Austin, Texas is home to many celebrities, including Matthew McConaughey, a native Texan and a graduate of the University of Texas in Austin. Other celebrities who don't live here visit or are temporary residents as they film a show or movie in Austin. People in Austin are accustomed to running into Timothy Hutton, Jimmy Kimmel, Anthony Anderson, Adrianne Palicki, and Cobie Smulders on S. Congress or downtown Austin. We don't make a scene, we just say hello. They feel at home in Austin. Do you want to feel at home if you move here? This what not to do.
Don't make the mistake of thinking Austin and its residents are the same as Los Angeles and Manhattan, or you will have a very difficult time adjusting. Austin may be becoming a big city, after decades of being the hippie-like hang out for recent grads and Texas liberals, but we still have Texas qualities.
Which is also confusing to some transplants. Don't think you're moving to the prosaic, back country of Texas with conservative values. Austin, with the exception of the Texas Legislature, which meets here in the State Capital, is liberal.
On the other hand, If you move to Austin, or other large cities in Texas, expecting the big city attitudes and culture you left, you likely won't find them here. Texans are friendly. We are so friendly we might even be considered nosy. We want to know all about you, and we'll tell you all about us. At least as much as we want you to know. However, don't mistake friendliness for acquiescence.
Texans of all stripes will be the first to tell you we are our own breed. And that breed is proud and culturally diverse. Texas and Austin are a mishmash of proud people from several cultures born and raised here for generations. We can be the stereotype of the braggadocio Texan.
In spite of the conservative nature of the state of Texas, we are fairly "live and let live" throughout the state. Especially if you don't bother us. We are also fiercely independent, while at the same time willing to jump right in and help each other when needed.
Who’s on Location. Former Chief Operating Officer Victoria Armstrong of New Zealand says about Texas, "...adjusting to Texan culture can be tricky. Their brand of Southern Hospitality and Texas-sized state pride may seem unfamiliar or overwhelming at first.”
Austin, TX and its diverse cultures have traditions. We are proud of those traditions. They include "Keeping Austin Weird," in any number of ways. These can involve things like a low-rider car show that has been meeting for generations close to your new high-rise.
Edward Castillo, a car club member said when interviewed, that he’s been attending the East Austin car club meetings for years. "It’s a place I’ve always known to be a comfort place where I know every Sunday I can come here and be around my people,” he told CBS Austin.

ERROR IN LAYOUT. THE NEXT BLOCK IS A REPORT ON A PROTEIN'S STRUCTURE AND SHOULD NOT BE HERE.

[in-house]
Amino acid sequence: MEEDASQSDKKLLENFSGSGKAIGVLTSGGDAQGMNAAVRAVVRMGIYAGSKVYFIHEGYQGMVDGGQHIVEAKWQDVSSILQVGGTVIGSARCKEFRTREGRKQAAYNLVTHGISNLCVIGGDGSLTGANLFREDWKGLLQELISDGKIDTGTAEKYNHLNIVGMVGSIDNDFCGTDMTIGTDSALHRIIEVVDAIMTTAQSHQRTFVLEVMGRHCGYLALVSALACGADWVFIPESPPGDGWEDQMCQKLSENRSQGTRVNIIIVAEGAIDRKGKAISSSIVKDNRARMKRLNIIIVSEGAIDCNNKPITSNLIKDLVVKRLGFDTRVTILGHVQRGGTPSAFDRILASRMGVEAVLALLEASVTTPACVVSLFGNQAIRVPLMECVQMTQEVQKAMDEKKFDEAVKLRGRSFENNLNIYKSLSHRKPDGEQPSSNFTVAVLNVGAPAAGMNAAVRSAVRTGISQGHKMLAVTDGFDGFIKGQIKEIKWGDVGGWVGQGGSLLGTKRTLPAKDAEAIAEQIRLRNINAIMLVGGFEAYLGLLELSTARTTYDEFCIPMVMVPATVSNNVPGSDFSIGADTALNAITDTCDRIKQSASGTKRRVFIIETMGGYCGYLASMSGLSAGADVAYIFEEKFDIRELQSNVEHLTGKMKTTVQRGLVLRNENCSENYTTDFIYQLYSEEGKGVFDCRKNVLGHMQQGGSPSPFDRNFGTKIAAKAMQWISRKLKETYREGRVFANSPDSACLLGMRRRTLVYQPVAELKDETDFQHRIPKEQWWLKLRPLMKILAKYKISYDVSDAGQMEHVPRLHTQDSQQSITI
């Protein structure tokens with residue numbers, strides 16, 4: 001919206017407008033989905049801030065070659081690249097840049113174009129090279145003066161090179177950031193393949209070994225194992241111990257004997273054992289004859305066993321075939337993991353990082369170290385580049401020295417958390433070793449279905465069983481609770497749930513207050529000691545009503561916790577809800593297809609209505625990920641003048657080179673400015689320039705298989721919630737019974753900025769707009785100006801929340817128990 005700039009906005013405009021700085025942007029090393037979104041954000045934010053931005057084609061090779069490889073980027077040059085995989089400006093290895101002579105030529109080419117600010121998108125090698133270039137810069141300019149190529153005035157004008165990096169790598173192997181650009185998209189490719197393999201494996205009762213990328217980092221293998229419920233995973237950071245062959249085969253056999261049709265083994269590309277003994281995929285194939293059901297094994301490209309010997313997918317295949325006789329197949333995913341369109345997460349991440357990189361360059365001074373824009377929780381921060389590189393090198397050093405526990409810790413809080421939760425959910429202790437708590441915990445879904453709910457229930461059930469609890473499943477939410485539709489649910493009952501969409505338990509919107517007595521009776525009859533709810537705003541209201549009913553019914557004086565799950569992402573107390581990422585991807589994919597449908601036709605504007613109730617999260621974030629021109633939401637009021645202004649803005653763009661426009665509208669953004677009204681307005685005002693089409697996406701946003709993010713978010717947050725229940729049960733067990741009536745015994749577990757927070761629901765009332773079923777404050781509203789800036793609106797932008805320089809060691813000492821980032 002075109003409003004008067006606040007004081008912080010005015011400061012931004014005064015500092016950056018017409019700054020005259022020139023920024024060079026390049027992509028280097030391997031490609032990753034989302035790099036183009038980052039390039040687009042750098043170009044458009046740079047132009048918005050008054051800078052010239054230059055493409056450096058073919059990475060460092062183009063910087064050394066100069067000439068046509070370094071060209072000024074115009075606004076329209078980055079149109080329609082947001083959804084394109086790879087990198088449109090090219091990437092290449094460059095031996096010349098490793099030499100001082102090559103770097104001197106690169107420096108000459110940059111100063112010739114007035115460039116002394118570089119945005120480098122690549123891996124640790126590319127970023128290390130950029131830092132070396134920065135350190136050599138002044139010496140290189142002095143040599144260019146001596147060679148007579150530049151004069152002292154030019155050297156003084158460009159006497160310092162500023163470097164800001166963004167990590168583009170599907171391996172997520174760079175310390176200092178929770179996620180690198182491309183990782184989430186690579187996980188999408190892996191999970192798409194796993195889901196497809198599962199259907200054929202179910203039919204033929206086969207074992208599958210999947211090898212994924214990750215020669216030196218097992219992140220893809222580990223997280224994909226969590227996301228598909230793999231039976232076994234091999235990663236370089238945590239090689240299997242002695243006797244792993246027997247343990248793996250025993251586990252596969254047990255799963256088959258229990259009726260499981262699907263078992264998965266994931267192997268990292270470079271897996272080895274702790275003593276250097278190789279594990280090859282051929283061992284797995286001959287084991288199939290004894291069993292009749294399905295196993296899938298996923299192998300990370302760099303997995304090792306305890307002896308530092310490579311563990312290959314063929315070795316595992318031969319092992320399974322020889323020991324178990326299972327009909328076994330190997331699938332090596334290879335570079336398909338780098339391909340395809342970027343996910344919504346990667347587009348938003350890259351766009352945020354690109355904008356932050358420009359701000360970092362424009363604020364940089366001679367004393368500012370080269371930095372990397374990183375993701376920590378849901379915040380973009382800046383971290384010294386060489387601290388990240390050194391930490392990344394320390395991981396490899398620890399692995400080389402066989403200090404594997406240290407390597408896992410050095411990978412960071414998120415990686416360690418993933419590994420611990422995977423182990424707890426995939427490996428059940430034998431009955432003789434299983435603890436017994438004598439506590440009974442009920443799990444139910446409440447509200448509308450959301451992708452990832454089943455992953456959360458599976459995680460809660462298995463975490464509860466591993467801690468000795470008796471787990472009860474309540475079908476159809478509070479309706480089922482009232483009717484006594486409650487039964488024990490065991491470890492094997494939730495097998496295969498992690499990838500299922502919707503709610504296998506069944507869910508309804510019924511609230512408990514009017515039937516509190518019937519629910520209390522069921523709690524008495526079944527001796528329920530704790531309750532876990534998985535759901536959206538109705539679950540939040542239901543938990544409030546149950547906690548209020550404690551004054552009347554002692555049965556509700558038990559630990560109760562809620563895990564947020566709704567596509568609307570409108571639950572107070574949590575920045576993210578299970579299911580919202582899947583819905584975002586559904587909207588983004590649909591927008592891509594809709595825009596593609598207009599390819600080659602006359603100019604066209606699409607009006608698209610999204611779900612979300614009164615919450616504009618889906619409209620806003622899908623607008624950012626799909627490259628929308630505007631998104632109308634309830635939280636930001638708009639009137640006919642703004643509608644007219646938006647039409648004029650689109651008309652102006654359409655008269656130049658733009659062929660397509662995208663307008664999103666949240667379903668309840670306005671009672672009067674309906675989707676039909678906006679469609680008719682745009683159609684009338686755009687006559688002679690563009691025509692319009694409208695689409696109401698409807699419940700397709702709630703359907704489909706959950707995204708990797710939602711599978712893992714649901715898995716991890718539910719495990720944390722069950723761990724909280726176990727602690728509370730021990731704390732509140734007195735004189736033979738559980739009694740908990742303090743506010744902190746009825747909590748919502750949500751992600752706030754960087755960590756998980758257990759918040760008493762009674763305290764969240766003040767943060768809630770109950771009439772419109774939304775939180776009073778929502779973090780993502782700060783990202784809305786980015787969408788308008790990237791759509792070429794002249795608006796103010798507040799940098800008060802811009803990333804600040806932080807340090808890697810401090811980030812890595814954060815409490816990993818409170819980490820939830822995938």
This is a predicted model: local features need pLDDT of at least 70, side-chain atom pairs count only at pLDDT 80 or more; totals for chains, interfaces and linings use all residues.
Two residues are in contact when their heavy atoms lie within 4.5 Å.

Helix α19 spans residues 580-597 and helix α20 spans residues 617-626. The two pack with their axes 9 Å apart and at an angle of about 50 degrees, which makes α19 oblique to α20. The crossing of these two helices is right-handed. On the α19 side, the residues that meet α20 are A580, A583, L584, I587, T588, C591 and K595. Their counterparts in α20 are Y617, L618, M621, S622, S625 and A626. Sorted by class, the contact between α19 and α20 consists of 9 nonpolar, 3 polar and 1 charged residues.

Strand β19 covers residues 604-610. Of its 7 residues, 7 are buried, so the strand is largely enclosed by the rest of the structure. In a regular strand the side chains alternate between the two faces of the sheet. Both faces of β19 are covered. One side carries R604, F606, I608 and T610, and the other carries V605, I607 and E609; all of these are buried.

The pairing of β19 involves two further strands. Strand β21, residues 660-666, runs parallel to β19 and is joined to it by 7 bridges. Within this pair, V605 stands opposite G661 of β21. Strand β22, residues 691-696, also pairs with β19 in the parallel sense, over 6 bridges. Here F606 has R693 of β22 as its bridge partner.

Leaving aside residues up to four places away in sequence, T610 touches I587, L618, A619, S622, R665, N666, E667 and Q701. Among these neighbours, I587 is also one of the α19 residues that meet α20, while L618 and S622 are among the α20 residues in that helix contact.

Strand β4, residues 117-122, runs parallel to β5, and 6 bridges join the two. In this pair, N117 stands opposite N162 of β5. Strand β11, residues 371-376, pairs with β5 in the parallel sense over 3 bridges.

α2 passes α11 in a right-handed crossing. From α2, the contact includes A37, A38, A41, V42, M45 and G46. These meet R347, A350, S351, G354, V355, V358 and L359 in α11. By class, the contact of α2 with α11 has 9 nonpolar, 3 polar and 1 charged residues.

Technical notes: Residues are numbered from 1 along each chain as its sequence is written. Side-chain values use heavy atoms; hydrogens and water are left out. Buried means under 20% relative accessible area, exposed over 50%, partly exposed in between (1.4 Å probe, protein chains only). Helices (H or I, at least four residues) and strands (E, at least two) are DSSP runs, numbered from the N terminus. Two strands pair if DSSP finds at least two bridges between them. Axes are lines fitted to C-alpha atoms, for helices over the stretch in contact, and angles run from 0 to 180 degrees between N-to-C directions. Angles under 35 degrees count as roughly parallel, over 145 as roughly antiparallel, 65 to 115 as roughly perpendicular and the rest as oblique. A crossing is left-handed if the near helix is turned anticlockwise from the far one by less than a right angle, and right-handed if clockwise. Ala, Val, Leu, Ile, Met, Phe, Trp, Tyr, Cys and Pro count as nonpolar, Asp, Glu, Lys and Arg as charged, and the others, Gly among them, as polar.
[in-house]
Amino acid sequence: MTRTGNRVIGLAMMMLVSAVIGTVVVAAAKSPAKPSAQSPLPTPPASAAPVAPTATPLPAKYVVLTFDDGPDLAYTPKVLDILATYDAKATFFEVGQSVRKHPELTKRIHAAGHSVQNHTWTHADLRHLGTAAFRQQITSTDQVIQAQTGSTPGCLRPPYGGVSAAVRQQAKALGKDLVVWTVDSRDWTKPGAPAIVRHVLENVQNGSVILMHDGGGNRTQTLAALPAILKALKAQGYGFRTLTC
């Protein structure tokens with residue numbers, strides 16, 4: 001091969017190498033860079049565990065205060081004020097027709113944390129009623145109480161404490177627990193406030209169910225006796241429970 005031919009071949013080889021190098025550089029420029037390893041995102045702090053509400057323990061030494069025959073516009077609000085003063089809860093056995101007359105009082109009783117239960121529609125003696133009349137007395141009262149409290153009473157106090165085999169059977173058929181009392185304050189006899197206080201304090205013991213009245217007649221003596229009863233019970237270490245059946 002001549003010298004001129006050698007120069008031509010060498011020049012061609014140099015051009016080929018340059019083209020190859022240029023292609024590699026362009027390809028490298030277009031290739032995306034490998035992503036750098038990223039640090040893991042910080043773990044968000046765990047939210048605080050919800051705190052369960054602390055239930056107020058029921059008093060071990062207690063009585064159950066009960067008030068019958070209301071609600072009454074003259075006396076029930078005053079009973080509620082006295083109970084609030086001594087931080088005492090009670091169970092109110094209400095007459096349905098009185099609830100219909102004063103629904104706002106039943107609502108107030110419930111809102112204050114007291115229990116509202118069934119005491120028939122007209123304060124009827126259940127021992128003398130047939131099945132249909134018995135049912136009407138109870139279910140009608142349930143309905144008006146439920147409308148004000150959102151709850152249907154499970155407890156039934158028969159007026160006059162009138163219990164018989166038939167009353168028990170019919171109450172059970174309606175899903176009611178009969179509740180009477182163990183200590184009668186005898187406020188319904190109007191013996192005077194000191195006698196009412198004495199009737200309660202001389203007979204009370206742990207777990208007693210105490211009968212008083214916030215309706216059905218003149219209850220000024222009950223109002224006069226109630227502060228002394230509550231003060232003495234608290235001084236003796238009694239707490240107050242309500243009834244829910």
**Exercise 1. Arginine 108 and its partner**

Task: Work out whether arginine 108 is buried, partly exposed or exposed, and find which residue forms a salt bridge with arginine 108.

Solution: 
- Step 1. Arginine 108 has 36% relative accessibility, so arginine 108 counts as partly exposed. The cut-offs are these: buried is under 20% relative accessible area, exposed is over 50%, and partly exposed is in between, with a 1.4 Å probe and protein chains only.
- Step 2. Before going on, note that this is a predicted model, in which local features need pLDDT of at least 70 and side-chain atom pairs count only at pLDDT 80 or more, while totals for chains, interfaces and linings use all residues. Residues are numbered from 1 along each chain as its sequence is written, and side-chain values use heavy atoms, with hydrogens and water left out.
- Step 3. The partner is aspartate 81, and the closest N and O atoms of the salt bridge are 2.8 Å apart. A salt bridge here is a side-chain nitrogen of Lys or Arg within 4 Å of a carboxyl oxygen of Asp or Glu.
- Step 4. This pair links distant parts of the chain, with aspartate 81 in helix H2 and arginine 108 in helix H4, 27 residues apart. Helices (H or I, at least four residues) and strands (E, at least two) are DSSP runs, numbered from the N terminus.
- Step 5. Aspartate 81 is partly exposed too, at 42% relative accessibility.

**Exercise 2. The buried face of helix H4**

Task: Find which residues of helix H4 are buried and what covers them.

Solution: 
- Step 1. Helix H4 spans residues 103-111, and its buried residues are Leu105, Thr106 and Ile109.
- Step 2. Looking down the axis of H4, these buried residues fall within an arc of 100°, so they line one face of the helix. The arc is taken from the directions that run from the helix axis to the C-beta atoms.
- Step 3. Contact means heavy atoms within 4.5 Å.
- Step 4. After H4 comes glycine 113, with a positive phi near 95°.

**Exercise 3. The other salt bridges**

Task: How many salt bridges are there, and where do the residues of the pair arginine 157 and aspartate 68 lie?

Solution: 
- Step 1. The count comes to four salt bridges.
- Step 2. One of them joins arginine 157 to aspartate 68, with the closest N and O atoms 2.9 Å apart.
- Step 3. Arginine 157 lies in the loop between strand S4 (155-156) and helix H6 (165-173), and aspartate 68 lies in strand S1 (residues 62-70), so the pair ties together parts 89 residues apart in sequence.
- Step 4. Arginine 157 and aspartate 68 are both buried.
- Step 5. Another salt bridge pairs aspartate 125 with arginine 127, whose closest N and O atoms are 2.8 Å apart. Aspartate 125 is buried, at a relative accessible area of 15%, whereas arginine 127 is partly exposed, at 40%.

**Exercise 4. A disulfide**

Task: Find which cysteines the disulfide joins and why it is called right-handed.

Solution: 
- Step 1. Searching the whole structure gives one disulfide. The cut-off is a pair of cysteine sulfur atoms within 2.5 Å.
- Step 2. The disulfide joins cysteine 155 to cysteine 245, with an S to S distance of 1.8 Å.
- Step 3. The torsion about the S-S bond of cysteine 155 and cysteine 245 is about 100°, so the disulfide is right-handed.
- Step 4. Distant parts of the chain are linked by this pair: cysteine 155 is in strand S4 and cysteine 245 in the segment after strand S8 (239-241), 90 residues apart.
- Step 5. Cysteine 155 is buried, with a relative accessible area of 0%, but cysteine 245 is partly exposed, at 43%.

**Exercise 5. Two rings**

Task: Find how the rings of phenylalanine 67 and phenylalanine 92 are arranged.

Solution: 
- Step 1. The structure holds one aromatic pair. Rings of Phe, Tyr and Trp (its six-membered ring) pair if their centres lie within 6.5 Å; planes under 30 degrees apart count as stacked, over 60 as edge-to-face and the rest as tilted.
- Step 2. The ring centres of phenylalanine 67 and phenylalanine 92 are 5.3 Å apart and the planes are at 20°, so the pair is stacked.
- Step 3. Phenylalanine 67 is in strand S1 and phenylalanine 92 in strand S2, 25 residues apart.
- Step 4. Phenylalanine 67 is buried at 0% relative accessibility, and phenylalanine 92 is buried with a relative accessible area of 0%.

The car club was there first. It isn't their responsibility that you moved here without checking out the culture or the surroundings. Not doing due diligence is no excuse for attempting to disrupt or end a generational tradition. Trying neighborliness first and not calling the police would have been the best way to handle the situation.
Rainey Street is home to some of these new high-rise residential buildings. Rainey Street is also the culmination of a dream started by the Mexican American residents who first lived there. As they were being bought out at the height of gentrification, a group formed to impress upon the city the need to keep the old homes and restore them rather than tear them all down. The jewel of the neighborhood is the Mexican American Cultural Center. The homes began being used as restaurants and bars, and the college kids and those not long out of college started filling those spaces every evening and on weekends.
If you moved to Rainey Street into a high-rise from New York without visiting the city and the area often, as some recent residents did, you do not get to complain about the noise. That's equivalent to moving to Bourbon Street in New Orleans and complaining about the noise and the foot traffic. The same goes for people in residences in downtown Austin on 6th St. The revelry and the weirdness was there before you.
One Texas transplant who has lived in other areas asked me to write about what to expect when you move to Austin, TX.
"Just a suggestion for a topic: What it means to be Texan, eg. smiling, being friendly, neighborly, helping others and asking for help too. There are so many new people from other states moving here that they need to know what is "expected" from them. I have lived in many states and lived in New Jersey and New York for over 10 years without ever meeting the neighbors. Texas is a lovely and totally different "animal." --Kathleen Bondurant, Ph.D
Austinites are, indeed, friendly and neighborly. That's also why, when you move here, we prefer you not complain about the cultural traditions we have. We were neighbors before you arrived. If you respect our cultures and traditions, and don't try to destroy them, we will be friendly and neighborly to you.
There are more examples, but the takeaways are, don't judge traditions and culture, live and let live in a state and city that values personal freedom and expression, try to fit in instead of trying to mold Austin residents to fit your former way of life, and try neighborliness first.
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